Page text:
This is part of a series of posts about starting and facilitating a project-based 3D printer club at a local elementary school, with the ultimate goal of replicating the program at schools everywhere. We'll be posting as many details as possible, including lesson plans and supporting materials. For more information about the entire project, including a listing of posts related to it, please visit the 3D Printer Club for Schools project page. 

Here’s the update for the membership team (redacted). You can see that I’ve been reminding the members that each team will be responsible for providing a group update at the next meeting.

Hello Membership Team!

I hope you had a great holiday! Are you ready to hit the ground running again at our first meeting this Friday?
Here are a couple of important updates and requests:

  • Before the holiday, I asked your team to contact [waitlisted student] about a spot on the team. If you haven’t already done this, please do it as soon as possible because I know that [waitlisted student] is waiting to hear from us!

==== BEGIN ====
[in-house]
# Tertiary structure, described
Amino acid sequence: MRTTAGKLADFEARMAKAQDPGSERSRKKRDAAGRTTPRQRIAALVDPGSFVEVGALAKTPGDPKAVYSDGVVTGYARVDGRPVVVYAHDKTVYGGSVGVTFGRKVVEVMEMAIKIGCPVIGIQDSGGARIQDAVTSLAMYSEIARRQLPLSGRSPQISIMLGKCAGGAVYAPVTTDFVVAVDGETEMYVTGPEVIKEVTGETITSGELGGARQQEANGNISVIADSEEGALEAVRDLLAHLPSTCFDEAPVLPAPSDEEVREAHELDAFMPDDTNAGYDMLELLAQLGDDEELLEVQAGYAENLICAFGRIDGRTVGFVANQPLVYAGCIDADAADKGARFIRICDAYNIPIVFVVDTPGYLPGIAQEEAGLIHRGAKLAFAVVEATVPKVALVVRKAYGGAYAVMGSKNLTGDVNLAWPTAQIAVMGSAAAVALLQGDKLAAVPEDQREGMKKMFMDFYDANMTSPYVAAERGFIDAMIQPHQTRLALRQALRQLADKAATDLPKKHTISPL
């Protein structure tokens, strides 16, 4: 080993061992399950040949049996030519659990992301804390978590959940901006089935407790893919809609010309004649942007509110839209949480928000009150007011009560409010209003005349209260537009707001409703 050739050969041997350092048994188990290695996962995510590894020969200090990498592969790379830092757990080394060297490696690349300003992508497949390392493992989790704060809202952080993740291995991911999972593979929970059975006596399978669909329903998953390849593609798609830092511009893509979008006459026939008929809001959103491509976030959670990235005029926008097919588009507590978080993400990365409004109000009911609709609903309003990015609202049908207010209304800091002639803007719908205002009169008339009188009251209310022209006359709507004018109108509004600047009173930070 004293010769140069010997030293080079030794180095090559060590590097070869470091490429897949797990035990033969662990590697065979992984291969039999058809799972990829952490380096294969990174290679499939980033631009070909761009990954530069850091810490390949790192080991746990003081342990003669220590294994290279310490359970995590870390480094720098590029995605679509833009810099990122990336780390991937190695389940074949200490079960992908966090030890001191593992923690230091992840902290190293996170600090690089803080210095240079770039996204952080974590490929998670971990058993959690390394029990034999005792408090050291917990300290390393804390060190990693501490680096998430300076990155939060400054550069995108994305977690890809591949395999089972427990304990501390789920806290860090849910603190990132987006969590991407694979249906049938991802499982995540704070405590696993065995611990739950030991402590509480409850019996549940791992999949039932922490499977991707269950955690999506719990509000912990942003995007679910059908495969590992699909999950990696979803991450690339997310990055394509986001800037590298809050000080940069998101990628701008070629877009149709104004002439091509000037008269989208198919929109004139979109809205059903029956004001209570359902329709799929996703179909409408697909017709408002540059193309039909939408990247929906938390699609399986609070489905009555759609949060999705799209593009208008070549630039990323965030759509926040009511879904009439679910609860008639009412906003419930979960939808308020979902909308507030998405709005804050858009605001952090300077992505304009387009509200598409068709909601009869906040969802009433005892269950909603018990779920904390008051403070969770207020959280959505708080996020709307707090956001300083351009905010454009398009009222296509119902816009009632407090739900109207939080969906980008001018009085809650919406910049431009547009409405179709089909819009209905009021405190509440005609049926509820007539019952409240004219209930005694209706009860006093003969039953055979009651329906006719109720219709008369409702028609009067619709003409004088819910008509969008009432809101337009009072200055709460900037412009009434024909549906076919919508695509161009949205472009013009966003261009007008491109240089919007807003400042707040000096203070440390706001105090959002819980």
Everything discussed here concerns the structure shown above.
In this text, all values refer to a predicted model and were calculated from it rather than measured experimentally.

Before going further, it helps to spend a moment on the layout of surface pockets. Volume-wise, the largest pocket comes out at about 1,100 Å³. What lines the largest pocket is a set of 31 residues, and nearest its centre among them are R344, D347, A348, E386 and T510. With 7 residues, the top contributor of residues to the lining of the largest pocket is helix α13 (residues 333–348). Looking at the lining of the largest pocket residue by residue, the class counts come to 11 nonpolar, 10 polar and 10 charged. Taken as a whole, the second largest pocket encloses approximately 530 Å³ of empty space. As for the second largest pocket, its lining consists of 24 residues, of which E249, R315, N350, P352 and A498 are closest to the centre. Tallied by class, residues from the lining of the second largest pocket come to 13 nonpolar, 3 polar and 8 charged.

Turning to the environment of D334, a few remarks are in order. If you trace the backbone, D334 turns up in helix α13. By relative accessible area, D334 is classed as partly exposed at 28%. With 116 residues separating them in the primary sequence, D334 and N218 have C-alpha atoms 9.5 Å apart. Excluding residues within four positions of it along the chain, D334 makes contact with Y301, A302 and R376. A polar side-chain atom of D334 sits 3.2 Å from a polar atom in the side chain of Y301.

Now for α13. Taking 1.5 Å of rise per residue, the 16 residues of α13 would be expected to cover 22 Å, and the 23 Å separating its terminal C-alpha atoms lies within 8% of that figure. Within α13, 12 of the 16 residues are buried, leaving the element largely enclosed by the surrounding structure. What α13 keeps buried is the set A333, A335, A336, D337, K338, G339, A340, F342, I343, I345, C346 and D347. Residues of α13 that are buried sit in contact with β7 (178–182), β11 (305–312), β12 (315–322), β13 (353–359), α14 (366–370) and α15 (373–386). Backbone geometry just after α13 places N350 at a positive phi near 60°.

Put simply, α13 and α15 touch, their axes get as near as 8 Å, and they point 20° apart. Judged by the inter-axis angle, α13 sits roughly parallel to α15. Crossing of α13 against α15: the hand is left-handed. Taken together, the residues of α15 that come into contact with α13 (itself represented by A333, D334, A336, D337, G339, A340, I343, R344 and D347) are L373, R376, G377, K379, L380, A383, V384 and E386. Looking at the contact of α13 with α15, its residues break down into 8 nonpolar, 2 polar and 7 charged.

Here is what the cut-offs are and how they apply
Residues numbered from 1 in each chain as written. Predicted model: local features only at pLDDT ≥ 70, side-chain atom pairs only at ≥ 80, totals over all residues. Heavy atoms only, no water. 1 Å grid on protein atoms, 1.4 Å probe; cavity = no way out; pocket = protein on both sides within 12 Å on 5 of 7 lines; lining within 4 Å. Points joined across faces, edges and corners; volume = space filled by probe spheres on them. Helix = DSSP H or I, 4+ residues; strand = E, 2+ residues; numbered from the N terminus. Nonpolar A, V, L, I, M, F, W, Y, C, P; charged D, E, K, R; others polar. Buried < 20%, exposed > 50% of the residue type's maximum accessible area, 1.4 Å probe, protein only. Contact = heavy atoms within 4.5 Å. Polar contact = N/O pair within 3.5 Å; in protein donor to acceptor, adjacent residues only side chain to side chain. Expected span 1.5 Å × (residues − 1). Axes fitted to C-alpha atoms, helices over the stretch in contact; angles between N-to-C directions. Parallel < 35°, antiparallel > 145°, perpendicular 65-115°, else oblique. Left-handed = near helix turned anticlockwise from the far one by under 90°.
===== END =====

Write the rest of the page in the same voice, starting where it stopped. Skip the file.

• This is very important: Your team needs to distribute member lists to everyone in the club so they know how to contact each other. You might want to keep keep a page for each team in your notebook and list each member on that team, along with his or her email address. You also need to keep track of who attends the meetings, but that doesn’t need to be shared with everyone else.
  • [BOM team member] isn’t going to be able to help out this quarter. She was on the BOM team, so please talk to that team about whether or not they need you to find someone to replace her.